Einstein's relativity in metaphor and mathematics by Enders A. Robinson

Apologies for the long hibernation.  I was getting a paper ready to submit and pushed just about everything else off to the side.  Hopefully, I'll get to write here more frequently as time progresses.  Today, if you're looking for a book on special relativity and you'd like to know more about Gudermannians, then Dr. Robinson's book just might be the one for you.

If you're a Landau and Lifshitz fan like me, it will take you awhile to get used to the style of this book. However, once I got my head wrapped around Dr. Robinson's metaphorical style, I really enjoyed his explanations of special relativity. There are no universes cluttered with rigid rods and ideal clocks at every coordinate point! In one chapter the author manages to introduce the hyperbolic nature of space time, Lorentz contraction, and Larmor time dilation all using the metaphor of ants living on a rope hung over a heater with laser holographic communication devices. The example comes off amazingly simply, but still manages to be entertainingly absurd.
The only two downsides are that the book is very, very linear. By the end of the ant chapter the author still hadn't fessed up that the chapter was about anything other than ants. Also, he makes some allusions that are historically inaccurate. In one chapter, Gudermann's space time is referred to. While this makes sense mathematically, and is a cool moniker for the concept, Gudermann died before Minkowski coined the phrase space time.

What about Dr. Robinson himself you ask?  He's also a very interesting guy who appears to have made it big in oil exploration!

Cool Math Tricks: Deriving the Divergence, (Del or Nabla) into New (Cylindrical) Coordinate Systems

The following is a pretty lengthy procedure, but converting the divergence, (nabla, del) operator between coordinate systems comes up pretty often. While there are tables for converting between common coordinate systems, there seem to be fewer explanations of the procedure for deriving the conversion, so here goes!

What do we actually want?

To convert the Cartesian nabla

to the nabla for another coordinate system, say… cylindrical coordinates.

What we’ll need:

1. The Cartesian Nabla:

2. A set of equations relating the Cartesian coordinates to cylindrical coordinates:

3. A set of equations relating the Cartesian basis vectors to the basis vectors of the new coordinate system:

How to do it:

Use the chain rule for differentiation to convert the derivatives with respect to the Cartesian variables to derivatives with respect to the cylindrical variables.

The chain rule can be used to convert a differential operator in terms of one variable into a series of differential operators in terms of othe…

Lost Phone

We were incredibly lucky to have both been in university settings when our kids were born.  When No. 1 arrived, we were both still grad students.  Not long after No. 2 arrived, (about 10 days to be exact), mom-person defended her dissertation and gained the appellation prependage Dr.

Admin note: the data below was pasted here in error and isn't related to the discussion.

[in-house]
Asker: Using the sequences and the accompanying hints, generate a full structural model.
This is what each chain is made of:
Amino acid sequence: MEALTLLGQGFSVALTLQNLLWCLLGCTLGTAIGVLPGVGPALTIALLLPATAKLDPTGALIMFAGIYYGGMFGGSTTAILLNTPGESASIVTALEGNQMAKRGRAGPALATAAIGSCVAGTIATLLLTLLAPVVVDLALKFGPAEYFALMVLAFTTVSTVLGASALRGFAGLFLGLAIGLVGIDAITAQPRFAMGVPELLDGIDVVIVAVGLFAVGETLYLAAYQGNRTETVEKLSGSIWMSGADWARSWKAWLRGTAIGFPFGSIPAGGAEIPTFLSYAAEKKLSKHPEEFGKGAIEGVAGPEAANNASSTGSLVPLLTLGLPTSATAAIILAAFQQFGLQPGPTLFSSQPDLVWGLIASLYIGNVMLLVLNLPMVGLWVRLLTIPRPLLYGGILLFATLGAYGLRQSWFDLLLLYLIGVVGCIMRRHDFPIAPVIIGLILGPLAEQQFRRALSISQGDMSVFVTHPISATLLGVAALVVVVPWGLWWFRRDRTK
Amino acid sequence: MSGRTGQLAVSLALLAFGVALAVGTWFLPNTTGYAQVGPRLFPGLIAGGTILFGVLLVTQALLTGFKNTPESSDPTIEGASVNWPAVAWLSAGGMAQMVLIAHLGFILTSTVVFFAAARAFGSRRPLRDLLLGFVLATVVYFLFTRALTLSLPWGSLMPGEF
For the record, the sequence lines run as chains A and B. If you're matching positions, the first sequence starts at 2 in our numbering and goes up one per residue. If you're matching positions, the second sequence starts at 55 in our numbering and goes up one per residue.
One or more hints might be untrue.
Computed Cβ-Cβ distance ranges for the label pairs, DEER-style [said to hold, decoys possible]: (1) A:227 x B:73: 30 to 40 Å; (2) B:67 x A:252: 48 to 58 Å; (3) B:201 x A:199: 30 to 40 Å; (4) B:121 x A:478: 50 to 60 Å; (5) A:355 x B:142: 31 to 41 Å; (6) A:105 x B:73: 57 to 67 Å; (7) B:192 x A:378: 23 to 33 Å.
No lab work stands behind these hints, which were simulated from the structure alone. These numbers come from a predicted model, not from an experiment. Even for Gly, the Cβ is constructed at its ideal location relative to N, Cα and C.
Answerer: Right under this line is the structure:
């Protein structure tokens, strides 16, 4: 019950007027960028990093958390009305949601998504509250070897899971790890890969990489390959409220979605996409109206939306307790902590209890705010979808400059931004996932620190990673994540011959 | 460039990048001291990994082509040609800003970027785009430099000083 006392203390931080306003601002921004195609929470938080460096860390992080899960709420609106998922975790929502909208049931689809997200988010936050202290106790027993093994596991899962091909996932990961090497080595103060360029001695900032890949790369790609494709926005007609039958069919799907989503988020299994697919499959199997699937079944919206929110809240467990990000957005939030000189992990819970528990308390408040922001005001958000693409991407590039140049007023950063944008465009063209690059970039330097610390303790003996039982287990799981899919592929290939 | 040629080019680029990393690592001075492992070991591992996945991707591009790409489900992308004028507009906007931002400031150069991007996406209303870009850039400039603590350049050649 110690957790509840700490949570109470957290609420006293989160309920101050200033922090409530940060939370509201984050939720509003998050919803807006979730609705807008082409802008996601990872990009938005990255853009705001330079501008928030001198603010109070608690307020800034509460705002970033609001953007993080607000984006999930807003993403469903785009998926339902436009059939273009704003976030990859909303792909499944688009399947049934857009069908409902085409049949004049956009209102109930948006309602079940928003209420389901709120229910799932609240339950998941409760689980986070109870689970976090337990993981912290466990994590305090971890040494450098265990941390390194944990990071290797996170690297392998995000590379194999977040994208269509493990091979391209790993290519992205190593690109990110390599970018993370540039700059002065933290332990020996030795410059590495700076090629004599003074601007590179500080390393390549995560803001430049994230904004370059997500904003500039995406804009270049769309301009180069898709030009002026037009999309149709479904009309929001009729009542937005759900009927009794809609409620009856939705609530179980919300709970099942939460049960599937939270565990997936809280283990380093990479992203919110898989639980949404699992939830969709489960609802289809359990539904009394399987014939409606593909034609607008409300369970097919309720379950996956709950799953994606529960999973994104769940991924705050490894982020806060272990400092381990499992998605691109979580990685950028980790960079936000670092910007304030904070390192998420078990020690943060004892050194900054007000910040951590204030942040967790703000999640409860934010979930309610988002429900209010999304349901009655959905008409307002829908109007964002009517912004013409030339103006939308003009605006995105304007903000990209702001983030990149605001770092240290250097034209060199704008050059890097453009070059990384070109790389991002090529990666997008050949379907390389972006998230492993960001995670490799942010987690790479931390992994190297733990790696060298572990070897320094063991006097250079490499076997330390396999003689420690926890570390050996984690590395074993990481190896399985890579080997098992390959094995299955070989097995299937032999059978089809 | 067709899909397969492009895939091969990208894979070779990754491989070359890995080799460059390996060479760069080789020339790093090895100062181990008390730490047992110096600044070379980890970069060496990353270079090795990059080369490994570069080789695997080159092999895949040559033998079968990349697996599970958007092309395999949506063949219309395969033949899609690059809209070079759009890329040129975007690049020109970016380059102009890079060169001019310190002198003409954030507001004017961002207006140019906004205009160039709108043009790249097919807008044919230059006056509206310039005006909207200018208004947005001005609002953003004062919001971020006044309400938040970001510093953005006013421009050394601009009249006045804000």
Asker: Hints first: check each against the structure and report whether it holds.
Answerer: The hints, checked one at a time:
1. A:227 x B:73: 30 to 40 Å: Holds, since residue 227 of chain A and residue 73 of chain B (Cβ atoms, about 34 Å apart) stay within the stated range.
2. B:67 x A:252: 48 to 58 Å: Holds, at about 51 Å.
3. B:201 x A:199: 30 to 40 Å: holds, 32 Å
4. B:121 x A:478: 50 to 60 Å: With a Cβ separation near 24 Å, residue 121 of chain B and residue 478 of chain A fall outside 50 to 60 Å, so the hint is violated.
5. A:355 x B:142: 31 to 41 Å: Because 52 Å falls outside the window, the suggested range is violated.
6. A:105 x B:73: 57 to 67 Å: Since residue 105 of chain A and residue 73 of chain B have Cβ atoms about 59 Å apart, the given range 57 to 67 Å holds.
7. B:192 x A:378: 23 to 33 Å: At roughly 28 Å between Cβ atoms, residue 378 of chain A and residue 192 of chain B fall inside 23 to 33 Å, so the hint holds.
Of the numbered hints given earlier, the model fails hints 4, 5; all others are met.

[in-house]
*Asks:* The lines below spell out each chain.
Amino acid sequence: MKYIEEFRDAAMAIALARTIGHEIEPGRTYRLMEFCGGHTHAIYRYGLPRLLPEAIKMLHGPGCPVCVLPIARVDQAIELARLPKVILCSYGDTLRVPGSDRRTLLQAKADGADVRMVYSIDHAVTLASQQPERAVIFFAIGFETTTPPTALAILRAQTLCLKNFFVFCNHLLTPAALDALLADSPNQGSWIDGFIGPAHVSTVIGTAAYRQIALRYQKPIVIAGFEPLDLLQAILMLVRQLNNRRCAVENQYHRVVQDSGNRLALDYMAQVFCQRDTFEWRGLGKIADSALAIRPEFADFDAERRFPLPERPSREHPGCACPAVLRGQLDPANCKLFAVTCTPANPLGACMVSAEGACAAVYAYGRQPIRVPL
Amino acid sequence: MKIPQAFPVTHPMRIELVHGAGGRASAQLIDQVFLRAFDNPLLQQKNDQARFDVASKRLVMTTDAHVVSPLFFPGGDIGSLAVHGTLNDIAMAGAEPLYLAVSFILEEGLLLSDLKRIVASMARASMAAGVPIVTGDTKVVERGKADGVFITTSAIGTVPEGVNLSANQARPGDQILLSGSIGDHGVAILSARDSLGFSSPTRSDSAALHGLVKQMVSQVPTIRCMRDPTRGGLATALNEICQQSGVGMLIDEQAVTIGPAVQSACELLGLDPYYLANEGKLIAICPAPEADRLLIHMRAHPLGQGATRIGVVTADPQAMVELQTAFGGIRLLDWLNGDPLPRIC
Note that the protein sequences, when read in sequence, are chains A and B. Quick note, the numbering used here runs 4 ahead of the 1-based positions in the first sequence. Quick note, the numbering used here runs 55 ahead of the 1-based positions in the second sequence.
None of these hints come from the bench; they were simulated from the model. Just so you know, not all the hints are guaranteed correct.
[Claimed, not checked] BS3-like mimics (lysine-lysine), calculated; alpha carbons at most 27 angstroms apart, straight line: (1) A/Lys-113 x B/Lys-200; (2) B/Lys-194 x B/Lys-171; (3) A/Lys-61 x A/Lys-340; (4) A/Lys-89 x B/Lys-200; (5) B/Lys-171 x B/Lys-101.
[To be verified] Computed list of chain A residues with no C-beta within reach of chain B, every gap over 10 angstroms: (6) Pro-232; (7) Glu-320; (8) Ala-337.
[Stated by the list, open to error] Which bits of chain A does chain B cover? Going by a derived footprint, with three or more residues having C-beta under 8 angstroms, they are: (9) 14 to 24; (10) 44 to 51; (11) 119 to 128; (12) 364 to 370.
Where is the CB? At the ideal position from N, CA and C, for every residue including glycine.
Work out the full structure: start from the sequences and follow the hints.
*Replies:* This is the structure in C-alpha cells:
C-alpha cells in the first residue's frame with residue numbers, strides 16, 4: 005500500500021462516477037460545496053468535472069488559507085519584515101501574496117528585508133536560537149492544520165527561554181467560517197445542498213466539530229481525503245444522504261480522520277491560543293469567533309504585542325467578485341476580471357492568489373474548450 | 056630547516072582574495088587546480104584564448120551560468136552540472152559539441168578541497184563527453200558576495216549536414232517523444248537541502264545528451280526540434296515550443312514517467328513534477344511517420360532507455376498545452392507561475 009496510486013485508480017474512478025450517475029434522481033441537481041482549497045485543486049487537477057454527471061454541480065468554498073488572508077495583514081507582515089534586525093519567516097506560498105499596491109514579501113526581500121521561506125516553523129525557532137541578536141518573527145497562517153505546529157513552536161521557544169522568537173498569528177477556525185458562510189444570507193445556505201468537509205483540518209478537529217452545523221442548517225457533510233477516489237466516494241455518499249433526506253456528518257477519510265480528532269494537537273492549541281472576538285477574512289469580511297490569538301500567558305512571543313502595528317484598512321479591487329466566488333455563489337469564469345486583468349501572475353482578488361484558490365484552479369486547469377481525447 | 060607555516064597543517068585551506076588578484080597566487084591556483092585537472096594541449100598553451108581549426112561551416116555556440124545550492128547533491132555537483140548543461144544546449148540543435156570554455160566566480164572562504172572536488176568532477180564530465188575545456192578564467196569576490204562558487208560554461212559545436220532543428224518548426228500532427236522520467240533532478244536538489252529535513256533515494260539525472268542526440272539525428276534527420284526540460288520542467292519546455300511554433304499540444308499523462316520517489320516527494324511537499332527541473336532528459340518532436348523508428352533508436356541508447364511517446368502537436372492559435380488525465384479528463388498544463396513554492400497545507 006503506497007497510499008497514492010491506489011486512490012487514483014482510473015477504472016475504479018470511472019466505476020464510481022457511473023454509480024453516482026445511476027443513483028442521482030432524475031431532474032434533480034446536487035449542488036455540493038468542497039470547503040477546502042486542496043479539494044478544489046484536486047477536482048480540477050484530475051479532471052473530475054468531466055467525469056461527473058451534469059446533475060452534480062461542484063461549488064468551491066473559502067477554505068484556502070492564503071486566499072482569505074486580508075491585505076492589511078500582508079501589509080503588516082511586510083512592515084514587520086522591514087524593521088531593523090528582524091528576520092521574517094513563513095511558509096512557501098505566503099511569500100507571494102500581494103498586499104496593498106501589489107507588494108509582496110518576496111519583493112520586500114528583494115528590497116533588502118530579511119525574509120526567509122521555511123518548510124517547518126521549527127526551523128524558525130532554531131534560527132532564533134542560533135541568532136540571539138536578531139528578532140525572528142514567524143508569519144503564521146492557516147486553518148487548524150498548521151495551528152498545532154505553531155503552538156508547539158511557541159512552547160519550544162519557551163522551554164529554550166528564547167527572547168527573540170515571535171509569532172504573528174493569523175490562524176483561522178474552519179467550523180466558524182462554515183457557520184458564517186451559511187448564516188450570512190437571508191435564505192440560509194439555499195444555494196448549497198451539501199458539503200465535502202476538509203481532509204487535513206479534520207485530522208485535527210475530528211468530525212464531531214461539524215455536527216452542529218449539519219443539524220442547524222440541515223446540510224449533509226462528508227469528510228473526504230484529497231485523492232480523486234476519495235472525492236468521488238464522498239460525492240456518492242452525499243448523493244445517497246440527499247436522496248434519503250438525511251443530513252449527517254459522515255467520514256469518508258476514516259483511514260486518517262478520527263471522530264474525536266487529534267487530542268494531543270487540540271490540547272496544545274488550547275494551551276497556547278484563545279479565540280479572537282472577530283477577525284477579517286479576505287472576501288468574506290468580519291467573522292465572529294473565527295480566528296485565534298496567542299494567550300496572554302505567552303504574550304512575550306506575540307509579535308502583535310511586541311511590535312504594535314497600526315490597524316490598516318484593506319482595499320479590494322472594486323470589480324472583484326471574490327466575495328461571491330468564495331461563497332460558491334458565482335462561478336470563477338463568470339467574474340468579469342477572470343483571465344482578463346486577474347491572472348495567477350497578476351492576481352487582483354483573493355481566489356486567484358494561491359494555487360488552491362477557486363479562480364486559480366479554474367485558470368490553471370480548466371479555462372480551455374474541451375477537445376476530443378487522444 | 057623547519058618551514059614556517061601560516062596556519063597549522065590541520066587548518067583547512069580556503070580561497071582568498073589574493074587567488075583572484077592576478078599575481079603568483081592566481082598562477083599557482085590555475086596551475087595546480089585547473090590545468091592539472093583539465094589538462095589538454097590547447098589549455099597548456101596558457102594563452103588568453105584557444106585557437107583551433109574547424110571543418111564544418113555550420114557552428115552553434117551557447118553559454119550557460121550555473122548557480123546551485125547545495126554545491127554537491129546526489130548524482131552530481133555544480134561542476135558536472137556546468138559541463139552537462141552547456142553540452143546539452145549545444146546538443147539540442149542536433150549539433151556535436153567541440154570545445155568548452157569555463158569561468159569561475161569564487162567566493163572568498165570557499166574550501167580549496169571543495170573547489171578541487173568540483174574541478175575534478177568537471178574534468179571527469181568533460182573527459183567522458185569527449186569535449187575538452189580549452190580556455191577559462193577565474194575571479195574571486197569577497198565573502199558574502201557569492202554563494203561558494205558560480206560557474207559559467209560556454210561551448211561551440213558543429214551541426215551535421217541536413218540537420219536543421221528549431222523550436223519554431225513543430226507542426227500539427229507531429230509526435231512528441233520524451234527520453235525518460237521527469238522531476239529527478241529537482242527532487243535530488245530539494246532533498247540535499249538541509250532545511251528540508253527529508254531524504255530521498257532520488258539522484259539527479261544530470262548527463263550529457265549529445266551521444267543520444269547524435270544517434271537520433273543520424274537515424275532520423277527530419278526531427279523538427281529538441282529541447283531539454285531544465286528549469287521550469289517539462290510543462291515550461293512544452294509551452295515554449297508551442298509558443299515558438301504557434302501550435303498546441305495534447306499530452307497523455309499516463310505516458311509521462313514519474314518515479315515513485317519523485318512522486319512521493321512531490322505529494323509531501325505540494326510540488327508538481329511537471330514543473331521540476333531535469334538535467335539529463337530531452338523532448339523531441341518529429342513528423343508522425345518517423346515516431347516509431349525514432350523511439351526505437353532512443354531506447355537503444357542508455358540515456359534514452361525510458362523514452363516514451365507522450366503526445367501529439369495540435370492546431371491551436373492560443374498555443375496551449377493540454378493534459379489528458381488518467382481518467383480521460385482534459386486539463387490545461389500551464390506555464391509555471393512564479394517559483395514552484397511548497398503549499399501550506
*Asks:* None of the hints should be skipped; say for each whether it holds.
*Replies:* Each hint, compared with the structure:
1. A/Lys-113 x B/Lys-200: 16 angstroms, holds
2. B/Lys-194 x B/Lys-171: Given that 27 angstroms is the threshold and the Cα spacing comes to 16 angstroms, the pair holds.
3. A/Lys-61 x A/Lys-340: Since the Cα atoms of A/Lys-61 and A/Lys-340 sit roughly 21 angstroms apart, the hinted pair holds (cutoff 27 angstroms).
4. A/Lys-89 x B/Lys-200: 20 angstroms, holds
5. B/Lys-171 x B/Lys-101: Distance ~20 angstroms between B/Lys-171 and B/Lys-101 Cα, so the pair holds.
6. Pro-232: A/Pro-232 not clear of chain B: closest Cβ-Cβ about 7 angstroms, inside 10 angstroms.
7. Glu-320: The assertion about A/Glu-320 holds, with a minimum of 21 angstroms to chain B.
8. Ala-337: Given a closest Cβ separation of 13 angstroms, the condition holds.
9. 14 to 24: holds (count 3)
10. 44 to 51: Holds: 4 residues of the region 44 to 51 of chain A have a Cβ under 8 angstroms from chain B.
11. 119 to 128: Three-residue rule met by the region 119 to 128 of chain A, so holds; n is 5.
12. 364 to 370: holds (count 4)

While there are lots of perks attendant to grad school, not the least of them phenomenal health insurance, that’s not the one that’s come to mind for me just now.  The one I’m most grateful for at the moment with respect to our kids was the opportunities for sheer independence.  Most days, we’d meet for lunch on the quad of whatever university we were hanging out at at the time, (physics research requires a bit of travel), to eat lunch.  During those lunches, the kids could crawl, toddle, or jog off into the distance.  There were no roads, and therefore no cars.  And, I realize now with a certain wistful bliss I had no knowledge of at the time, there were also very few people at hand that new what a baby…

Lab Book 2014_07_10 More NaI Characterization

Summary: Much more plunking around with the NaI detector and sources today.  A Pb shield was built to eliminate cosmic ray muons as well as potassium 40 radiation from the concreted building.  The spectra are much cleaner, but still don't have the count rates or distinctive peaks that are expected.
New to the experiment?  Scroll to the bottom to see background and get caught up.
Lab Book Threshold for the QVT is currently set at -1.49 volts.  Remember to divide this by 100 to get the actual threshold voltage. A new spectrum recording the lines of all three sources, Cs 137, Co 60, and Sr 90, was started at approximately 10:55. Took data for about an hour.
Started the Cs 137 only spectrum at about 11:55 AM

Here’s the no-source background from yesterday
In comparison, here’s the 3 source spectrum from this morning.

The three source spectrum shows peak structure not exhibited by the background alone. I forgot to take scope pictures of the Cs137 run. I do however, have the printout, and…